Introduction to the Command Line


Output redirection is one of the very powerful, and easily misunderstood, parts of the shell. To decrease misunderstandings, we'll keep to the basics.

The > operator (an "operator" is a symbol like +,-,<,> that represents a specific action) is for redirecting output.  In a very simple example, if you want to list the files in a directory, you type ls.  That output goes to your screen.  If you want that list instead to go to a file, however, you'd do something like this:

$ ls > my-file-list 

The file my-file-list now contains a list of all of the files, directories, links and other things in the current working directory with names that do not start with '.'. (Note that the shell creates, if necessary, the files used for redirection before executing the command, so the file my-file-list wil also be included in your list.)

The > operator is a "clobbering" operator -- if you are outputting to an existing file, it will overwrite the old contents. Sometimes, especially if you are keeping a logfile, what you want is the >> operator.  It works the same way as the > operator, except that it appends to the end of an existing file.  (If the file doesn't yet exist, it creates it.)

There are other places you can redirect output to, like device special files such as terminals, or /dev/null, which is an infinitely big empty bucket (or more accurately it just ignores all input).  If you have a program that you know will produce voluminous output you don't care about, you could do this:

$ bigprogram > /dev/null

The program will execute normally, but you won't see its normal output.  (You would, however, see any of its error output; more detail below under File Descriptors).

The < operator is for redirecting input.  Most programs that would expect input from your terminal are happy to accept it from another source instead, such as an existing file.

For example, if you wish to email the contents of myfile.txt to joe you could do this:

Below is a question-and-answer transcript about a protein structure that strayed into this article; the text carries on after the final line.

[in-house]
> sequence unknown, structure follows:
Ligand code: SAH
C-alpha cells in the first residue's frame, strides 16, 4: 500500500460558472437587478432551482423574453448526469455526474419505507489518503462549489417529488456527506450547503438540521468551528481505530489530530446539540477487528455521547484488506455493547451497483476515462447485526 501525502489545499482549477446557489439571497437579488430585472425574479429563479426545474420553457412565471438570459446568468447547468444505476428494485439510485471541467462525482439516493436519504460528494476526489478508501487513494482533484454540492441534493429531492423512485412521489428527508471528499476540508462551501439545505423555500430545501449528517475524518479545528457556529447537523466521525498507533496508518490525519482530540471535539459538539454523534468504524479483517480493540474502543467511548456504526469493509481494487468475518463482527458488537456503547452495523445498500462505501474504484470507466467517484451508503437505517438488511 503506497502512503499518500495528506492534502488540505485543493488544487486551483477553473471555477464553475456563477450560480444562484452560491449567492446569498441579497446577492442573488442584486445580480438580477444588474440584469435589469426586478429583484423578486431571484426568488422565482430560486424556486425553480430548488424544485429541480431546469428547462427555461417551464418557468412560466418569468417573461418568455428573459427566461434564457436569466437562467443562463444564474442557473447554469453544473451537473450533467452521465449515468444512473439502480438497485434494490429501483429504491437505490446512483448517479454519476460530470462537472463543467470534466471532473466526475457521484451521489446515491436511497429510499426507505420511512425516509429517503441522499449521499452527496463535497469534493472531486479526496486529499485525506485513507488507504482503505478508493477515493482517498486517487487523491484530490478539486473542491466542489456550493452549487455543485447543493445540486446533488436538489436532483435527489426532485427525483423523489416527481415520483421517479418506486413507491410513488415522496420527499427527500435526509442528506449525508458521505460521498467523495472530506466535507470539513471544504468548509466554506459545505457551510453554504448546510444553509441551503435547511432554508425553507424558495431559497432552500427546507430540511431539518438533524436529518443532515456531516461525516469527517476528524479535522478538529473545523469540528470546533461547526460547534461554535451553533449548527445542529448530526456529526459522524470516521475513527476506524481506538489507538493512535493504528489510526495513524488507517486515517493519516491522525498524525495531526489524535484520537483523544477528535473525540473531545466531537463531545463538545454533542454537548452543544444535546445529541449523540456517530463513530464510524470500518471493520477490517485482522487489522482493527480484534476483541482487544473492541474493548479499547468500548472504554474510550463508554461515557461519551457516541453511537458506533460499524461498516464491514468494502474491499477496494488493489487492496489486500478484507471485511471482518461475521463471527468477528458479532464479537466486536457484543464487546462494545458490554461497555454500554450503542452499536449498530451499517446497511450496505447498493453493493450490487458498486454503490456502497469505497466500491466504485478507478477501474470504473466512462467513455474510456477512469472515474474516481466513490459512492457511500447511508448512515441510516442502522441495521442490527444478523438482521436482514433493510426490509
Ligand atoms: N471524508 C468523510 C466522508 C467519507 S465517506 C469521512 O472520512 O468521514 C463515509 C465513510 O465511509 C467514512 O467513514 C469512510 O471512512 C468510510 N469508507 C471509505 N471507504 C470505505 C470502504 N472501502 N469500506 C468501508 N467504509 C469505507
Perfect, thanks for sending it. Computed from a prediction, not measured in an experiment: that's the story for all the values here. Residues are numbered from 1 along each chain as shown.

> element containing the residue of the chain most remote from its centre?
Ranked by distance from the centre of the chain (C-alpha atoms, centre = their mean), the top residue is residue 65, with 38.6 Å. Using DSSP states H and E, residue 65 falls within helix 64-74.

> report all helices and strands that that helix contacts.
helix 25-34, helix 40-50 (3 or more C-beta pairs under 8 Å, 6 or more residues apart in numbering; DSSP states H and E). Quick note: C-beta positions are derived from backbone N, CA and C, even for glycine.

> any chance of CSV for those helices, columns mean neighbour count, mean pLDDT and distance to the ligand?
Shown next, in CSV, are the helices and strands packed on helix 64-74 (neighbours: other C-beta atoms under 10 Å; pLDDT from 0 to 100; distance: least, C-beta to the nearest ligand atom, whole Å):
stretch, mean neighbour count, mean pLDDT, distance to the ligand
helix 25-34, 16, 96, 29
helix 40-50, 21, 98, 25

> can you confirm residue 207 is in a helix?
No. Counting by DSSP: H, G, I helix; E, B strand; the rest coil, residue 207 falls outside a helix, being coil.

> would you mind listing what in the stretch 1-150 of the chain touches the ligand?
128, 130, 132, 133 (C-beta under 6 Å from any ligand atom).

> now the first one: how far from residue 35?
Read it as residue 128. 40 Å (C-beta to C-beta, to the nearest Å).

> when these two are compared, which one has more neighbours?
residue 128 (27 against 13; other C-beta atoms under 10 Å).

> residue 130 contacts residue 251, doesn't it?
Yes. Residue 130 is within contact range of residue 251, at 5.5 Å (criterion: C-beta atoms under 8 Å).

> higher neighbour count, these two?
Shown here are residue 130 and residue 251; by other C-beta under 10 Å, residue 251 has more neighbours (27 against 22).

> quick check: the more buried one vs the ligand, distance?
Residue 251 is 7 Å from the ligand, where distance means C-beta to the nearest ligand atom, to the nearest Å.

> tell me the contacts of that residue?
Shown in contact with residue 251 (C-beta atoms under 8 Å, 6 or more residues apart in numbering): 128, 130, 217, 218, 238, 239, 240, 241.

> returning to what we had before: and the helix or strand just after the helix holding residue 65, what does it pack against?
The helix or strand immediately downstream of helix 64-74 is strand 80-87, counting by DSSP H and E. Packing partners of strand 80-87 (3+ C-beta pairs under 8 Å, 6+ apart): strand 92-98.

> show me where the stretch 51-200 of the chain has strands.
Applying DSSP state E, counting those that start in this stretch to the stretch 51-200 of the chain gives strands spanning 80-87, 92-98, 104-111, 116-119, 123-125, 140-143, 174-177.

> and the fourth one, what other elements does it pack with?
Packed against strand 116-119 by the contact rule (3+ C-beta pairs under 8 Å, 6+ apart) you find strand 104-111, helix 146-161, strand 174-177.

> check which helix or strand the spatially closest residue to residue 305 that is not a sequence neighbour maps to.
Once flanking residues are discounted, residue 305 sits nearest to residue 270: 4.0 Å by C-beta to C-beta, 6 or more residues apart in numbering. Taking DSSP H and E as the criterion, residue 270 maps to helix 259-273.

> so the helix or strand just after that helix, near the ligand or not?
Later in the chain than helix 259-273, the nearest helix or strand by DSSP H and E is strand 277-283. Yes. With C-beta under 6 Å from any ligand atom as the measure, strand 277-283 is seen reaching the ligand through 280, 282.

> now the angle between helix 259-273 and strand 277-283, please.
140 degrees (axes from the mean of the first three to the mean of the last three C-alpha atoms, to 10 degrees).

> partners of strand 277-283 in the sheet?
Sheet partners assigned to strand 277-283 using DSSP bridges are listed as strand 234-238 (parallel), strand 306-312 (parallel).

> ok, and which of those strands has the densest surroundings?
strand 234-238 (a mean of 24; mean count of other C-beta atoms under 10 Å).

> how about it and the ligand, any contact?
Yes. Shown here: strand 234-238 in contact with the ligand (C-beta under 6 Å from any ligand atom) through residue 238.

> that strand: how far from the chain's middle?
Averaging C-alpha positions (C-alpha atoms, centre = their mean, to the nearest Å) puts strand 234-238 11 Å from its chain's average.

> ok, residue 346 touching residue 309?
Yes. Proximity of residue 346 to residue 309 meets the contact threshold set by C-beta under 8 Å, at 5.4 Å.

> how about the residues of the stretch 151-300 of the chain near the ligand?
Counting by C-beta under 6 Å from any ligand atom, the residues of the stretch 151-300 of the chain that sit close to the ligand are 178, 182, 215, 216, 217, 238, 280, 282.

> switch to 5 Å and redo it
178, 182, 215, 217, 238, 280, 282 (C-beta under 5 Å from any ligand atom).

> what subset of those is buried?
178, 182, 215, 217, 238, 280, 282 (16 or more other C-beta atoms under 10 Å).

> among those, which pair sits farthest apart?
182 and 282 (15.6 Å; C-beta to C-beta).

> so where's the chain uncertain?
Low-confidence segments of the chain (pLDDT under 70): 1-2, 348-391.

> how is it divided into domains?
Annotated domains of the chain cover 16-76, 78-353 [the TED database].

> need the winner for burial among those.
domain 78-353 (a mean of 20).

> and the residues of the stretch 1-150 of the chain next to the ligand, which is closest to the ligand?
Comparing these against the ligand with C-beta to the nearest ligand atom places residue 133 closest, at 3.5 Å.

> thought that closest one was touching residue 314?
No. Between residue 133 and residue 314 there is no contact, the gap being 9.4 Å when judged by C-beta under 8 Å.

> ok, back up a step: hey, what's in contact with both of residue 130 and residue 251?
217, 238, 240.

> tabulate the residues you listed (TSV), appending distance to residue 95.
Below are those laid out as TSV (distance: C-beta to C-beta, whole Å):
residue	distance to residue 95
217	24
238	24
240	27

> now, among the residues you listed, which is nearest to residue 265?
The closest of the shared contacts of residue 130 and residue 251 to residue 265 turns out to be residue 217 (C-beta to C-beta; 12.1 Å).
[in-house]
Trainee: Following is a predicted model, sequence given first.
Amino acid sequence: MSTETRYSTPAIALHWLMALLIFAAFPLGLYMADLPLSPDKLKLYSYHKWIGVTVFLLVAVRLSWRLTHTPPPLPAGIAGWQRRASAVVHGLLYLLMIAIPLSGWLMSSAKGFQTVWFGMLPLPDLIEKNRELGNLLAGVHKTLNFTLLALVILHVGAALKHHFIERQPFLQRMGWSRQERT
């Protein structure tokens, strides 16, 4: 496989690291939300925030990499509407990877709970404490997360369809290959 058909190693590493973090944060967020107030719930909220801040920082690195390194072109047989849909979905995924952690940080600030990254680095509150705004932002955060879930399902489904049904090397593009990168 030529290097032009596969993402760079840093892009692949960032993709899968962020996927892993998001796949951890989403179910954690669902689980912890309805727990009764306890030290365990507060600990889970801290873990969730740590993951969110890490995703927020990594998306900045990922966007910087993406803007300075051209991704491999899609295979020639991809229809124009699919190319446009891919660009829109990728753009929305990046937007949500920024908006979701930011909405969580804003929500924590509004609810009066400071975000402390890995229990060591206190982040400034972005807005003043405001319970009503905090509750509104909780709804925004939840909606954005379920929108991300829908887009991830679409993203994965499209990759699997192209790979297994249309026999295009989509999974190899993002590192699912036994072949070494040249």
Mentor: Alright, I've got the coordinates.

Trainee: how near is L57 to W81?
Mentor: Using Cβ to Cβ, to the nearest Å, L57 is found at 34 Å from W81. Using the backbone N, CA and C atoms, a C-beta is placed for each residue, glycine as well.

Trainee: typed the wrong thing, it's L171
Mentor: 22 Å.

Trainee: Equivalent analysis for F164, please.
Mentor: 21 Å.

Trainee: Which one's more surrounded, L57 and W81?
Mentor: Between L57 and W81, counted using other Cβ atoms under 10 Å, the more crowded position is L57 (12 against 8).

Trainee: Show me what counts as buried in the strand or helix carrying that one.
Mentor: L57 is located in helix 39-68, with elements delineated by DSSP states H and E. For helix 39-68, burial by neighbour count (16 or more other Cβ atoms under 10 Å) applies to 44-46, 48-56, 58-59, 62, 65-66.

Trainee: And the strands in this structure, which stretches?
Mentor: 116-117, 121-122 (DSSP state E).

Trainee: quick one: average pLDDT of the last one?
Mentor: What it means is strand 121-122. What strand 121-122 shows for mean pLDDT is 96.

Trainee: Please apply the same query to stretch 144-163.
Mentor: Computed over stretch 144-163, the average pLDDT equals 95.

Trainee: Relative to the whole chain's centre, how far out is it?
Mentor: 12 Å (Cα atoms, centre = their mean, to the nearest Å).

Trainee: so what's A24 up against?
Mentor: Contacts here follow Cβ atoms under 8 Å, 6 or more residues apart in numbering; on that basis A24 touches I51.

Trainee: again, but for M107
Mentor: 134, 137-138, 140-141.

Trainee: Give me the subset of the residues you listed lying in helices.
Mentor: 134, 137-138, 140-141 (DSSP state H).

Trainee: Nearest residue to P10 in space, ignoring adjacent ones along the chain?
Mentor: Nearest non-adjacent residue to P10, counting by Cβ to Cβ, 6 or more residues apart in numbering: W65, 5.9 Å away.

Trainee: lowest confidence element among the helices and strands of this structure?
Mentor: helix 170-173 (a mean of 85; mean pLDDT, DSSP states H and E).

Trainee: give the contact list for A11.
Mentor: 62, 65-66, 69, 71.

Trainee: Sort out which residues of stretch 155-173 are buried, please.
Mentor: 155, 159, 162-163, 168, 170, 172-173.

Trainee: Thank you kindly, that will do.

$ mail joe < myfile.txt

The redirection operators are particularly relevant for jobs running in the background.  When working with a graphical interface, you are already familiar with the concept of switching windows by, for example, minimizing the current window that is being engaged in playing musics and restoring another window to resume browsing the Internet.  Such a situation also happens when you are working with a command-line interface.  However, instead of minimizing the command to play your music files, you run it in background by appending an ampersand (&) at the end of the command like this:

$ ogg123 *.ogg &

Alas, any output it produces like announcing a new track along with its title and description goes to your terminal as usual cluttering your text-based Internet browser's screen.  So, you may want to avoid it.  Many programs have a silent mode to suppress the normal output.  Usually this mode can be enabled using the options -q or --quiet, but this is not a general convention and you should read the man or info documentation before relying on these options.  If you want to be sure avoiding any output irrespective of gentle program options, you can easily do so by redirecting the output to a file.  For instance, the following command places the output of ogg123 into /dev/null because you do not care about any track announcement as long as the musics keep playing and any error messages into music_err so that you can easily find out why the musics suddenly stop playing.  This way, no output can confuse you by appearing at the terminal and you can always have a look at the result at a later time by doing something like cat music_err:

$ ogg123 *.ogg >/dev/null 2>music_err &
A program running in the background cannot accept input from the terminal.  So if you mistakenly put such a program in the background (and don't redirect input from a file through the < operator), it will get stuck waiting when it has to accept input.